Introduction: Diffuse large B-cell lymphoma (DLBCL) is a biologically heterogeneous diagnostic category with important prognostic subgroups, including activated B-cell (ABC) and germinal center B-cell (GCB) cell-of-origin (COO) subgroups. The GCB COO subgroup shares more molecular features with follicular lymphoma (FL) than other DLBCL subpopulations, and is itself heterogeneous, with a subgroup dependent on activation of the PI3K/AKT pathway (via loss of PTEN). When combined with chemotherapy, obinutuzumab (GA101; G) was clinically superior to rituximab (R) in first-line (1L) FL in the GALLIUM trial. However, the combination of G and CHOP chemotherapy (G-CHOP) was not more effective than R plus CHOP (R-CHOP) in 1L DLBCL in the GOYA trial (NCT01287741) (Vitolo et al. J Clin Oncol 2017). Here, we performed exploratory biomarker analyses to evaluate if a subgroup of patients (pts) derived benefit from G-CHOP in the GOYA 1L DLBCL population. Treatment effect was assessed using the Linear Predictor Score (LPS) from the Nanostring Lymphoma Subtyping Test (LST), as this continuous variable informs on the likelihood of a DLBCL pt having a germinal center-derived tumor (which has a similar biological origin to FL) based on the gene expression profile [Wright et al. Proc Natl Acad Sci USA 2003].

Methods: Biomarker testing was performed on formalin-fixed, paraffin-embedded tumor tissue collected prior to treatment and tested retrospectively in central laboratories. COO was assessed using the NanoString Research Use Only LST (NanoString Technologies Inc., Seattle, WA, USA) in 933 pts (representing 66% of the intent-to-treat population in GOYA). Additional biomarker analyses used for molecular characterization included DNA-targeted sequencing of 467 genes using the FoundationOne® Heme (FOH) panel (n=499) and identification of BCL2 translocations using Vysis LSI Dual Color Break Apart FISH Probes (n=644; FISH cut-off, 50%). Multivariate Cox regression and elastic net penalized regression were used to evaluate biomarker treatment effects. In addition, bootstrap simulations were conducted to identify the optimal LPS to reflect the robustness of the observed treatment effect in GOYA and the generalizability of treatment effect to independent study populations. Multiple testing adjustment was done by estimating false-discovery rates (FDRs) using the Benjamini-Hochberg procedure (significance, <5% FDR). Pathway enrichment analysis was performed using a hypergeometric test. All pts consented to the biomarker analyses.

Results: Strong expression of a germinal-center gene expression profile (by LPS) was linked with a benefit in outcome from treatment with G-CHOP vs R-CHOP among pts in GOYA. Bootstrap simulations identified an optimal LPS cut-off for predicting G-CHOP benefit as the 25% (233/933) of GOYA pts with the lowest LPS scores. These pts are referred to as 'strong-GCB' pts, and comprised 43% (233/540) of evaluable GCB pts in GOYA. Strong-GCB pts treated with G-CHOP achieved significantly better clinical outcomes in terms of investigator-assessed progression-free (HR=0.33, p=0.0007), event-free (HR=0.47, p=0.003), and overall survival (HR=0.41, p=0.019; but not end-of-treatment PET-complete response) than those treated with R-CHOP (Table 1; Figure 1). In multivariate analyses, the observed benefit was independent of baseline demographics and disease characteristics. Safety was similar with either regimen. In gene-set analyses on the FOH data, compared with other GCB pts, strong-GCB pts were significantly enriched for mutations that are characteristic for FL pts. In particular, BCL2 translocations and mutations in several m7-FLIPI genes were highly enriched in strong-GCB pts vs other DLBCL subgroups (Figure 2). There was no evidence for transformed indolent non-Hodgkin lymphoma in the strong-GCB subset on central pathology review.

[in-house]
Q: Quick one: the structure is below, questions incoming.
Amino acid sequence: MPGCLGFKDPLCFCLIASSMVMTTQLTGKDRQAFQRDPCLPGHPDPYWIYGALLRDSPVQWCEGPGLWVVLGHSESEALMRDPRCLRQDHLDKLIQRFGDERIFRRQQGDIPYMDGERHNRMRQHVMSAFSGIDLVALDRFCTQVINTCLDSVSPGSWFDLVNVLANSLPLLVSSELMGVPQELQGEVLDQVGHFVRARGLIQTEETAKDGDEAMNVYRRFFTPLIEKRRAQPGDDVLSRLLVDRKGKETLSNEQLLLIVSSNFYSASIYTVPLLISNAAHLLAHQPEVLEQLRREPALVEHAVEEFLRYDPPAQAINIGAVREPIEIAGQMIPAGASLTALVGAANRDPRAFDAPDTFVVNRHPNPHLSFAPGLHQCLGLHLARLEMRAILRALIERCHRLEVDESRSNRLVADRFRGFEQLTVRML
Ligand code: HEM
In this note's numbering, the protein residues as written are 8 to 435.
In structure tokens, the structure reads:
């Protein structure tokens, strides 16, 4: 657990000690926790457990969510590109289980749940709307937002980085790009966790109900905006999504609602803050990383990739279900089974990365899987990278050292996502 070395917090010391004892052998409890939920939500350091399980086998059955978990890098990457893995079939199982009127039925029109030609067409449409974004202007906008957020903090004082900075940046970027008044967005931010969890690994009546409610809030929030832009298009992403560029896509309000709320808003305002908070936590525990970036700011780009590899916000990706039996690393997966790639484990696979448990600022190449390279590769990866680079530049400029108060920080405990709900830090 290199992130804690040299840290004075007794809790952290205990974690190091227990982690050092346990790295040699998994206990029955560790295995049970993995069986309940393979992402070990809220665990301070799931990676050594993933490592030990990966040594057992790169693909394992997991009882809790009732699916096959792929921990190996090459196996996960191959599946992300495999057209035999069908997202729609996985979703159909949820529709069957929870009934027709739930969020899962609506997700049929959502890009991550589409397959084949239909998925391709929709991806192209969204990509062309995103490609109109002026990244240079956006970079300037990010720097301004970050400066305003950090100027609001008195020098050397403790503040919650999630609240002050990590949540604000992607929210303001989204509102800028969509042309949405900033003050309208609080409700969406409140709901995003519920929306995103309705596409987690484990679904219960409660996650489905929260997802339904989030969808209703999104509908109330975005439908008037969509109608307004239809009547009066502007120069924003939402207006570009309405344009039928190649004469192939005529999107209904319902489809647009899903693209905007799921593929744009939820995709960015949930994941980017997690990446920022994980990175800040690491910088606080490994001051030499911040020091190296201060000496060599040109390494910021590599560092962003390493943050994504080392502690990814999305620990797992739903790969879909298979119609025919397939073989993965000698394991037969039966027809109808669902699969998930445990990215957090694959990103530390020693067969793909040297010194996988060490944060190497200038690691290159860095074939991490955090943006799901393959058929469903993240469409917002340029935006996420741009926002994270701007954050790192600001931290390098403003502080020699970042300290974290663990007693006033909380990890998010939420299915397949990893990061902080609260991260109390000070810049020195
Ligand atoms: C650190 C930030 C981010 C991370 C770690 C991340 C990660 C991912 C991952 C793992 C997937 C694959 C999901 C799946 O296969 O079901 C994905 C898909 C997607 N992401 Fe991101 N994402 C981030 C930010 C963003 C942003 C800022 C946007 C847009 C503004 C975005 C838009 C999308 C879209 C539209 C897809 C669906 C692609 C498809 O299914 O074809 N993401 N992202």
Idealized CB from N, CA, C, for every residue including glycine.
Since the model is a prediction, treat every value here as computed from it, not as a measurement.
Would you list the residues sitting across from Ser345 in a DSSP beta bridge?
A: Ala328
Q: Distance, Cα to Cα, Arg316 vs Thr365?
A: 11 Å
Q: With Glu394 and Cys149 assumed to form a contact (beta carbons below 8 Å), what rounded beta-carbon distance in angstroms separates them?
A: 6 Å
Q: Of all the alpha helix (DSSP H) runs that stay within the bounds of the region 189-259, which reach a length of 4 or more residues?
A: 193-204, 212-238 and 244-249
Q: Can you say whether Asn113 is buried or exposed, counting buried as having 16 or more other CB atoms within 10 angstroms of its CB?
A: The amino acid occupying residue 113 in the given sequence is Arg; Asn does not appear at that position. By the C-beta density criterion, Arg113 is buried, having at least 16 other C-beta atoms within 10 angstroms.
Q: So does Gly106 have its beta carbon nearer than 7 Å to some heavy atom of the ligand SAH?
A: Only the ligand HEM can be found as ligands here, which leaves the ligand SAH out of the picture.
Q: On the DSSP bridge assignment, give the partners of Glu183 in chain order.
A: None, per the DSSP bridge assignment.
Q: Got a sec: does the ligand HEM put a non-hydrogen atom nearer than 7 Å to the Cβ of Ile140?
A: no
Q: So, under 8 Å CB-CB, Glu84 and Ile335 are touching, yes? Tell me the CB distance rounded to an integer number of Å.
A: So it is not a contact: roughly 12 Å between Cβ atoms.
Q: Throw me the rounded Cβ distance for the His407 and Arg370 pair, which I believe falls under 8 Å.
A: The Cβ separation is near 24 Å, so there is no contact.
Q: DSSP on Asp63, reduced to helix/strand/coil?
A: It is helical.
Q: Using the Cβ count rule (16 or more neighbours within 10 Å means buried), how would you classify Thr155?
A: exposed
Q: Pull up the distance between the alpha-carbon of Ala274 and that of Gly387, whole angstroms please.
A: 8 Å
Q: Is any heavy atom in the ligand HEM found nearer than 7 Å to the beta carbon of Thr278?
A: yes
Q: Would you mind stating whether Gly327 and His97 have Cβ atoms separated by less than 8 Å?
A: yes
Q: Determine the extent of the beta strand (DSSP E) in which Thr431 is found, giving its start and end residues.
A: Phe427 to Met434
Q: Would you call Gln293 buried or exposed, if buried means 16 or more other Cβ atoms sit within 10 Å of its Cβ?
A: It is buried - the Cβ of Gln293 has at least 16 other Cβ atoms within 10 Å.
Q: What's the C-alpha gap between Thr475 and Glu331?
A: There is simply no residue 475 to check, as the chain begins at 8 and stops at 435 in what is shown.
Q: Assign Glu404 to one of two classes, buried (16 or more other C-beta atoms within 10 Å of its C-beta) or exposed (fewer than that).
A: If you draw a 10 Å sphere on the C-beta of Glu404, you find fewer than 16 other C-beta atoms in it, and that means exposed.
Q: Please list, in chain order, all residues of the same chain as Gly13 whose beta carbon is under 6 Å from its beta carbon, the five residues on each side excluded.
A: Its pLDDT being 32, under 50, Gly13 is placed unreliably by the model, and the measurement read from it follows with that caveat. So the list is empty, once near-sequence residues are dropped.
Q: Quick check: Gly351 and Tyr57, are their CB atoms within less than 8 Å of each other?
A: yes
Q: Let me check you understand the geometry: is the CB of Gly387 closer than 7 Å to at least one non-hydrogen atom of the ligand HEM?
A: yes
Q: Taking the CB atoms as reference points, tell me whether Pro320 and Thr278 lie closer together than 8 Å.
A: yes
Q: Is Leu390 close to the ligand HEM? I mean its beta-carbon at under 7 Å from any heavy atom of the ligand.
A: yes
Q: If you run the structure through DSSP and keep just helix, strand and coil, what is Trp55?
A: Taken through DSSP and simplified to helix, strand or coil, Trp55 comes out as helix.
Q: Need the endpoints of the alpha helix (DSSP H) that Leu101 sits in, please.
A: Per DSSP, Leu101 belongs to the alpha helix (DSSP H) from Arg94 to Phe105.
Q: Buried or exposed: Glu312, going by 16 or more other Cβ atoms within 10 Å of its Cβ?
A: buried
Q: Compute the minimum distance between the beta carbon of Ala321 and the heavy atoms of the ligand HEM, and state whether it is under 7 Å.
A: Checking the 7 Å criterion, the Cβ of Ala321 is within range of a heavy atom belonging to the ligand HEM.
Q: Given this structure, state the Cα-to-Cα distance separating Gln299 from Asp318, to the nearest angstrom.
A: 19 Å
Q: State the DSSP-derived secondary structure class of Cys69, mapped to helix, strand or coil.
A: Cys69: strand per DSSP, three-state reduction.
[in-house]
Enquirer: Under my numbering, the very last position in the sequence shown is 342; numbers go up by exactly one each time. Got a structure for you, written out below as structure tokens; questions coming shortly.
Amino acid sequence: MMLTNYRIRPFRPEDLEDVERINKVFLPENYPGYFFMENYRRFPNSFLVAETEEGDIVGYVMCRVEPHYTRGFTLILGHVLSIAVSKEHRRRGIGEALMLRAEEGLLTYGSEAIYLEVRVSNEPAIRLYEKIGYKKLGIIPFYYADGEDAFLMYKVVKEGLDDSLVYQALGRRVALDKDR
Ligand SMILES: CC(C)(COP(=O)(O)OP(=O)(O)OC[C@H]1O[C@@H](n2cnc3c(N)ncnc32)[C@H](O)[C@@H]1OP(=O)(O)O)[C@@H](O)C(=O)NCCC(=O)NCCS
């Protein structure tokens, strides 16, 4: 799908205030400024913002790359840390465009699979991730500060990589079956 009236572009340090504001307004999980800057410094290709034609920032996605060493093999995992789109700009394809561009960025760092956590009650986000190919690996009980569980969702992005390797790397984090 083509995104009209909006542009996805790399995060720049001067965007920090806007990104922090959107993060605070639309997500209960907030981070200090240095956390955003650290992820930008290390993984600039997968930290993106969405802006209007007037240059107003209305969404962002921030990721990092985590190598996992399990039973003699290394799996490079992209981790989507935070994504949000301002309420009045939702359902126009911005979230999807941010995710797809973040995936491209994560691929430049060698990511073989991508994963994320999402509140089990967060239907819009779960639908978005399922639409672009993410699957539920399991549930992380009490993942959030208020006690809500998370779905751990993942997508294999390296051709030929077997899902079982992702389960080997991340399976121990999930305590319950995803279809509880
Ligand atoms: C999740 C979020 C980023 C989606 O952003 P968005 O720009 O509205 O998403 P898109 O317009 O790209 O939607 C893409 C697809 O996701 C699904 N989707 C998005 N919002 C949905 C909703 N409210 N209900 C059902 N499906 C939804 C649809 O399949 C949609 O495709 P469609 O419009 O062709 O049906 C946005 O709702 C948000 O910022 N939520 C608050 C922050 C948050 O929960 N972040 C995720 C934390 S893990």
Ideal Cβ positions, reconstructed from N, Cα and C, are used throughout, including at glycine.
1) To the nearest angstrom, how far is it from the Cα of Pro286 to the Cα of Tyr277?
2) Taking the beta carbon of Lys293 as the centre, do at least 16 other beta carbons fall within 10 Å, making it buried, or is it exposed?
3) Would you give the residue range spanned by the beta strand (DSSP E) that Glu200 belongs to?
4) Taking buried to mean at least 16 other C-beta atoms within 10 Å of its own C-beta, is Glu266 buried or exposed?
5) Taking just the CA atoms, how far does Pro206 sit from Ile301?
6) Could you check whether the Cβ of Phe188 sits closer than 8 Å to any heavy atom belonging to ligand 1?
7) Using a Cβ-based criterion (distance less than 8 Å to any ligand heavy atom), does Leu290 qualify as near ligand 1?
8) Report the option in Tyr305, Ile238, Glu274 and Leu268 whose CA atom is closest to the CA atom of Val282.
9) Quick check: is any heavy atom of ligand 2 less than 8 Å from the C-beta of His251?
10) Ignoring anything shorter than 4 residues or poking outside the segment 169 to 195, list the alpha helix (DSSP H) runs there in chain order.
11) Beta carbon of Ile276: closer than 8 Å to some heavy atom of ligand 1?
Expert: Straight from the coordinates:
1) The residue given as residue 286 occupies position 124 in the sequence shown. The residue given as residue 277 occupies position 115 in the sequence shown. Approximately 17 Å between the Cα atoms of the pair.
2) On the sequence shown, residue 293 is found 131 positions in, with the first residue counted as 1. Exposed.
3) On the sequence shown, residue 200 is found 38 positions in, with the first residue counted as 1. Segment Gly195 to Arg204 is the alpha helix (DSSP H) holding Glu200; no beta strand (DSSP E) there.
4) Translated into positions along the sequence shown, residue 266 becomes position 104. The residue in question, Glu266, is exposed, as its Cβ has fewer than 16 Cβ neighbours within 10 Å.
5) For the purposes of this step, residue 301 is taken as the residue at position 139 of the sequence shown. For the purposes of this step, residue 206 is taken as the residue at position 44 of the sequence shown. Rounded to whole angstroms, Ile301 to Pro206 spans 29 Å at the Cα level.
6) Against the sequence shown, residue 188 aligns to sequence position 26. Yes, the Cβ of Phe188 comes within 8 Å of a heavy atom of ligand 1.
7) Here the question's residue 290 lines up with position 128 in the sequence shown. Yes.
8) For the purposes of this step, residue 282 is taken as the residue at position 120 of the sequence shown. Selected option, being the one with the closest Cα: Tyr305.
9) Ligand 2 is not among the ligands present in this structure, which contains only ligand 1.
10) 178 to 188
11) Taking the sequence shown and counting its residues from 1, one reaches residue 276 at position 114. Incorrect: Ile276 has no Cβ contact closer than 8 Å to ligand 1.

Conclusions: Analyzing the data from the GOYA trial, we have identified a new distinct molecular subgroup of GCB DLBCL that comprises around 25% of all DLBCL pts, referred to as "strong-GCB". This distinct subgroup is identifiable by gene expression profiling and characterized by mutations that are also commonly identified in FL pts [Morin et al. Nature 2011]. Strikingly, treatment with G-CHOP appears to confer substantial clinical benefit over R-CHOP in this new subgroup of DLBCL.


Oestergaard: F. Hoffmann-La Roche Ltd: Employment. Bolen: Genentech: Employment, Equity Ownership. Mattiello: Roche: Employment. Sehn: Abbvie: Consultancy, Honoraria; Seattle Genetics: Consultancy, Honoraria; Celgene: Consultancy, Honoraria; Roche/Genentech: Consultancy, Honoraria; Amgen: Consultancy, Honoraria; Janssen: Consultancy, Honoraria. Trněný: Janssen: Consultancy, Honoraria; Abbvie: Consultancy, Honoraria; BMS: Consultancy, Honoraria; Celgene: Consultancy, Honoraria, Research Funding; Roche: Consultancy, Honoraria, Research Funding; Takeda: Consultancy, Honoraria; Gilead: Consultancy, Honoraria. Vitolo: Roche: Honoraria, Membership on an entity's Board of Directors or advisory committees, Research Funding; Gilead: Honoraria; Celgene: Honoraria, Membership on an entity's Board of Directors or advisory committees; Takeda: Honoraria; Janssen: Honoraria, Membership on an entity's Board of Directors or advisory committees; Mundipharma: Honoraria. Nielsen: F. Hoffmann-La Roche Ltd: Employment, Equity Ownership. Morariu-Zamfir: Roche: Employment. Fingerle-Rowson: F. Hoffmann-La Roche Ltd: Employment, Equity Ownership. Lenz: Celgene: Consultancy, Honoraria, Research Funding; Bayer: Consultancy, Honoraria, Research Funding; Janssen: Consultancy, Honoraria, Research Funding; Roche: Consultancy, Honoraria.

Author notes


Asterisk with author names denotes non-ASH members.